Conditions of Use
The book covers extensive areas of optics, including Maxwell equations, geometrical optics, optical instruments, polarization, interference, diffraction, and basic laser theory. read more
The book covers extensive areas of optics, including Maxwell equations, geometrical optics, optical instruments, polarization, interference, diffraction, and basic laser theory.
By glancing through the book, I have not found a technical error in the content. Derivations and important steps are provided in the book to show the results of some important equations in optics.
The textbook is up-to-date, not only contains the fundamental theory of classical optics but also touches frontiers in the field, such as subwavelength resolution.
The textbook is well written in terms of clarity. Equations are derived from fundamental principles. Important equations or statements are highlighted. Additional remarks and further references are provided.
The whole textbook is self-consistent. You can find places where equations/statements from previous chapters are referred to in later chapters.
There are seven chapters in this book and each chapter is relatively modular by itself. However, one would rely on the results of previous chapters.
The structure of this book is very well organized. It starts from Maxwell's equations, then derives the geometrical optics from Fermat's Principle. Optical instruments are based on the results of geometrical optics. The other properties of light are discussed in the next three chapters. Each chapter contains a summary box, relevant figures, remarks, references, and problems to exercise.
The interface is very good. One minor issue: Font size in Chapter 6.8 is smaller compared to previous sections.
The textbook has almost no grammatical errors. I only noticed a few typos, such as additional parenthesis.
The textbook is not culturally insensitive or offensive.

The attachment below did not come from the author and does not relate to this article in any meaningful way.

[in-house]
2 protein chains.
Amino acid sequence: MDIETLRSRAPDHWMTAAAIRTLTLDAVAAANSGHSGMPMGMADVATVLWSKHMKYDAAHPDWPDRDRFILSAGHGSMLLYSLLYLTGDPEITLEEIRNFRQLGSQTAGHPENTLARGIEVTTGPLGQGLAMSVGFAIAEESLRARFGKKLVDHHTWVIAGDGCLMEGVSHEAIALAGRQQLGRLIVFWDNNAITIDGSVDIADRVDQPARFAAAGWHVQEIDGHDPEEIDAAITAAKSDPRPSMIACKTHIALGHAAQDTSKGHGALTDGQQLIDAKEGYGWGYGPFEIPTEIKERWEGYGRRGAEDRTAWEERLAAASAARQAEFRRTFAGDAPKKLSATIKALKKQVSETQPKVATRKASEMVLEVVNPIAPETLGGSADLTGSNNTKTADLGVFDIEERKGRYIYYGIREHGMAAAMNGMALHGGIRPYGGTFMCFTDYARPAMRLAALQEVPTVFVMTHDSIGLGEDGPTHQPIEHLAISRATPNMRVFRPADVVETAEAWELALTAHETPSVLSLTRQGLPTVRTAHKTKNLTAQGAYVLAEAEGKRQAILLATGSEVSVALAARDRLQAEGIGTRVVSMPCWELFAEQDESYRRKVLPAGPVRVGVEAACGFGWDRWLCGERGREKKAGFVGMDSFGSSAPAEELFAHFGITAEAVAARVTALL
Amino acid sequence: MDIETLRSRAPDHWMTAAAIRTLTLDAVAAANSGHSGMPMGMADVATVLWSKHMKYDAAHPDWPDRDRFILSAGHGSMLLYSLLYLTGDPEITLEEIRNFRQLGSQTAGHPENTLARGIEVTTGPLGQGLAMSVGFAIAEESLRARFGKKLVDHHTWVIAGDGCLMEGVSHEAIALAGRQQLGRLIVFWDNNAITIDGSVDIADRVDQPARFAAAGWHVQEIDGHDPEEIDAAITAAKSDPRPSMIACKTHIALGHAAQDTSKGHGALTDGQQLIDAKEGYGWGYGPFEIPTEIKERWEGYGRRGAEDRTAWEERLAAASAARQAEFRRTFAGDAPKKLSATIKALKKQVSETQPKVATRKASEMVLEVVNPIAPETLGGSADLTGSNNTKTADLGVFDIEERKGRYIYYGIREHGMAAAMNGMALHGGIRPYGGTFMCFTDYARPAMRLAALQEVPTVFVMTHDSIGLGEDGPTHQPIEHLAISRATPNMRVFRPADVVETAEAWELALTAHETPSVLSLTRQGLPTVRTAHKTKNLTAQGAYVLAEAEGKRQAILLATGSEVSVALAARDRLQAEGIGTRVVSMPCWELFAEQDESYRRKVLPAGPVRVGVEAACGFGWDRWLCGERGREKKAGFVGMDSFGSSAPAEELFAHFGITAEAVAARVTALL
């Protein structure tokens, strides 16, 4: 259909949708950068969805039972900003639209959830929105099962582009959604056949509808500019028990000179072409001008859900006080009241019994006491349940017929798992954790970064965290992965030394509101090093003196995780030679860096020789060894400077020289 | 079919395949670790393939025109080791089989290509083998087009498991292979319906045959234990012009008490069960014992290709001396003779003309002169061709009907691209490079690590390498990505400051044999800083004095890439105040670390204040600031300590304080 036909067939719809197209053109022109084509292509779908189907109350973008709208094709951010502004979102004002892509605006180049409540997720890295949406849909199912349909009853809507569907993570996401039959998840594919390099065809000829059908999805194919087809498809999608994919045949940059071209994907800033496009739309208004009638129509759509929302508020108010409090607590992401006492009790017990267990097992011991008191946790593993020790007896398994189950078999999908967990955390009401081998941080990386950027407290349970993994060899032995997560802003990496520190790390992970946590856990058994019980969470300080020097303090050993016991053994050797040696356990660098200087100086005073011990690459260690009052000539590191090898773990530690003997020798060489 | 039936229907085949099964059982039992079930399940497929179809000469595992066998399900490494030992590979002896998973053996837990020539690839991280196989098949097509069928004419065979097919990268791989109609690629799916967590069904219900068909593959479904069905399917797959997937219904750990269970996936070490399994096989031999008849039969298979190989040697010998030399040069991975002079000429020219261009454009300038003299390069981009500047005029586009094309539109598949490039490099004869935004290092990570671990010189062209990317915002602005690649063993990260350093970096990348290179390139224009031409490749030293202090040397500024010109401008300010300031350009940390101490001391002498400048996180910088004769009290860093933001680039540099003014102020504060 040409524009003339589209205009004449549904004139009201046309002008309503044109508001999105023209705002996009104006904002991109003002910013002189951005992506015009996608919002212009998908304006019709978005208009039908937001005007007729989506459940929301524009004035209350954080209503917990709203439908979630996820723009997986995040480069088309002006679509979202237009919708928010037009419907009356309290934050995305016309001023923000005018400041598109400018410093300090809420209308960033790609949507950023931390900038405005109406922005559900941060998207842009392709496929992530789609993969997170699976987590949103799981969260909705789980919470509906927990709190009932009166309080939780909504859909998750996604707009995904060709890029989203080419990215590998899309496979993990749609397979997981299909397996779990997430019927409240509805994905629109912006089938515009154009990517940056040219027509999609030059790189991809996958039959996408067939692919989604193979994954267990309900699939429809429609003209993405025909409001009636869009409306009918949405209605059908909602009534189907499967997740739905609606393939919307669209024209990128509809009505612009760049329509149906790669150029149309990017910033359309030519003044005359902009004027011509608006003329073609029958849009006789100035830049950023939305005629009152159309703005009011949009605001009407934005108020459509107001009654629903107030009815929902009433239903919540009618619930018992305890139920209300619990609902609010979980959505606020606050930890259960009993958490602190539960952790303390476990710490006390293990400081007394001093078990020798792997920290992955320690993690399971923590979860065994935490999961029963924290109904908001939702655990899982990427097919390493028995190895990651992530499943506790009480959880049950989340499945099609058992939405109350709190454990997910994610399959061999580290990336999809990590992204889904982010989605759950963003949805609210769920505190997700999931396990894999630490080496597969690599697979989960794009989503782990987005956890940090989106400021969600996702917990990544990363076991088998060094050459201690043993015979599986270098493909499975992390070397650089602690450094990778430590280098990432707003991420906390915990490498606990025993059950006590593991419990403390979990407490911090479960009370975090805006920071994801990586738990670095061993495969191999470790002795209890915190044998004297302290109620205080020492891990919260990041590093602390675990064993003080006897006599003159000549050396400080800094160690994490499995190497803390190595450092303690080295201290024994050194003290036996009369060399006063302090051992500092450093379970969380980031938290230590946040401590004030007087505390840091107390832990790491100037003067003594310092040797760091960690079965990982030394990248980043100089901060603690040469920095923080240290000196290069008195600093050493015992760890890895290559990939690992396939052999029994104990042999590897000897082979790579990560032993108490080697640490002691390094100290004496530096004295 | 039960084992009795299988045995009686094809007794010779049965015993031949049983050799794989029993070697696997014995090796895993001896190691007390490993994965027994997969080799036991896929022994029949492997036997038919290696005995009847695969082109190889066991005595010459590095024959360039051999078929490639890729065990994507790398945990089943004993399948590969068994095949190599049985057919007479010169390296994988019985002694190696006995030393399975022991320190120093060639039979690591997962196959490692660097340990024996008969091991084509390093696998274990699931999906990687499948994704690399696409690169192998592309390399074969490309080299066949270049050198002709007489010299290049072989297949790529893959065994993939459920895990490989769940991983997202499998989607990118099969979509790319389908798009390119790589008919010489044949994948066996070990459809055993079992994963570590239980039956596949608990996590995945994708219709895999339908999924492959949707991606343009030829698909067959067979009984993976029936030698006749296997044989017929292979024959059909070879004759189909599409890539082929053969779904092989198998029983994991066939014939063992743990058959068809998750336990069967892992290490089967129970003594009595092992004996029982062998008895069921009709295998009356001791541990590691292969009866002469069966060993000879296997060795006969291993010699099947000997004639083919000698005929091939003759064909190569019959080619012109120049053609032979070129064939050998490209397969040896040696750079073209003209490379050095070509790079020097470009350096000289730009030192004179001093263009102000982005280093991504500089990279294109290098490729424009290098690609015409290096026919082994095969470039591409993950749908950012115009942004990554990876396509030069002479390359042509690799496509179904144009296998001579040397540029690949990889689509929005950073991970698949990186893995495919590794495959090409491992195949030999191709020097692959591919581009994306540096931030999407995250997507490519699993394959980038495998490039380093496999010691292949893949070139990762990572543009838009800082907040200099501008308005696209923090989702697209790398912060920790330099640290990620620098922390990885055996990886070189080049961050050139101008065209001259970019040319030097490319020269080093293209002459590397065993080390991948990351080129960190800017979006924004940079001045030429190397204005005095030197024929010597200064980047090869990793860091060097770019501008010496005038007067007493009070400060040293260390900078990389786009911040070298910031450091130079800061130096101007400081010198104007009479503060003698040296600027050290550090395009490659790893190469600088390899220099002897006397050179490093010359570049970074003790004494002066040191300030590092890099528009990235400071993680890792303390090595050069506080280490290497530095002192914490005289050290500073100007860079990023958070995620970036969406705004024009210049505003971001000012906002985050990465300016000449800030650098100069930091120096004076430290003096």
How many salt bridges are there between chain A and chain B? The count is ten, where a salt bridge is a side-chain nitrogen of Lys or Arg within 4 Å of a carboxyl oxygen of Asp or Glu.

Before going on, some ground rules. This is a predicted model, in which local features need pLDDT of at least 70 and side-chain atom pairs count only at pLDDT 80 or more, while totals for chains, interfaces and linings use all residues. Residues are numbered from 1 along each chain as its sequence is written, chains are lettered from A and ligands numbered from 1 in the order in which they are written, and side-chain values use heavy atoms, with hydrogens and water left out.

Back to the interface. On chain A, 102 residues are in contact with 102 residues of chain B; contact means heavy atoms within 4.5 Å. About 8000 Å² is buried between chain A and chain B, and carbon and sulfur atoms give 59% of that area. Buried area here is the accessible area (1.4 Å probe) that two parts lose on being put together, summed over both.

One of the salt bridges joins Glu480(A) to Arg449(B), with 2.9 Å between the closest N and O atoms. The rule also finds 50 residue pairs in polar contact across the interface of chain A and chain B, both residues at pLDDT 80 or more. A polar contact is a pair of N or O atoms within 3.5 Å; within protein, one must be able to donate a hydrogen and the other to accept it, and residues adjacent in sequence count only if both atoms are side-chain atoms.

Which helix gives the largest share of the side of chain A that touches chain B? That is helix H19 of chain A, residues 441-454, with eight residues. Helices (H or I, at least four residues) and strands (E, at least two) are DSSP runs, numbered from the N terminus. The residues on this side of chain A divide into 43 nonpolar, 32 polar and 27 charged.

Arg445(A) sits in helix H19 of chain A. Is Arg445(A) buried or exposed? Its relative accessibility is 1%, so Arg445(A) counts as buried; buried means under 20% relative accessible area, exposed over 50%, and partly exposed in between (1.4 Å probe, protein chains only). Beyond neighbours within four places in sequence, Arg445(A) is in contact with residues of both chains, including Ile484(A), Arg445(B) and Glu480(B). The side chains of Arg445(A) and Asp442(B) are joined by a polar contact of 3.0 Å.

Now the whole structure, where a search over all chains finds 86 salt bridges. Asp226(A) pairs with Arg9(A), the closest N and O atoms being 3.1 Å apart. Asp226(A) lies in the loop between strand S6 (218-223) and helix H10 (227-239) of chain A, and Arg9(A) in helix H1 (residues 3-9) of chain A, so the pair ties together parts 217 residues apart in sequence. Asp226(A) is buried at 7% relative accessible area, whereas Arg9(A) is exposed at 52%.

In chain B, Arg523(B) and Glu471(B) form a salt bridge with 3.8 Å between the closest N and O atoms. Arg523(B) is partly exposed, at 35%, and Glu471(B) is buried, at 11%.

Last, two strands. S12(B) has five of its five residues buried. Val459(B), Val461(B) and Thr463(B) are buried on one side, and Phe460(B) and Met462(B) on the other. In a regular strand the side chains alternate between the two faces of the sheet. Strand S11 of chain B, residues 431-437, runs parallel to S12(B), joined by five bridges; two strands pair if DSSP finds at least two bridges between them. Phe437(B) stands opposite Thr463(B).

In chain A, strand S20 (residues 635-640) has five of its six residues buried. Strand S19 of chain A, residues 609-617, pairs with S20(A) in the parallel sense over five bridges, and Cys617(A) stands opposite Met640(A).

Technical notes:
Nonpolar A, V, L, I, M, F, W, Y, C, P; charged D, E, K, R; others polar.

Overall, this is a very good textbook for students are want to have a good understanding of geometrical optics and wave optics. There are many practical examples of applying the theory, such as a camera, the human eye, stellar interferometry, etc.
Table of Contents
- 1 Basic Electromagnetic and Wave Optics
- 2. Geometrical Optics
- 3. Optical Instruments
- 4. Polarisation
- 5. Interference and coherence
- 6. Scalar diffraction optics
- 7. Lasers
About the Book
This book treats optics at the level of students in the later stage of their bachelor or the beginning of their master. It is assumed that the student is familiar with Maxwell’s equations. Although the book takes account of the fact that optics is part of electromagnetism, special emphasis is put on the usefulness of approximate models of optics, their hierarchy and limits of validity. Approximate models such as geometrical optics and paraxial geometrical optics are treated extensively and applied to image formation by the human eye, the microscope and the telescope.
About the Contributors
Sander Konijnenberg studied Applied Physics at Delft University of Technology. At the same university, he obtained his PhD (cum laude) in the Optics Group on the topic of ptychography and phase retrieval. He currently works at ASML Research in Veldhoven (NL).
Aurèle J.L. Adam is an Assistant Professor at Delft University of Technology. He is an Engineer from CentraleSupelec (promo 2000) and got his PhD from the University of Paris VI. His expertise lies in the Terahertz field and he enjoys scattering problems and free form optics.
H. Paul Urbach is Professor of Optics at Delft University of Technology and scientific director of the Dutch Optics Centre, a joint initiative of Delft University and the Dutch Organisation for Applied Scientific Research (TNO). Previously he has been with Philips Research Laboratories in Eindhoven. His research interests are optical imaging and diffraction theory.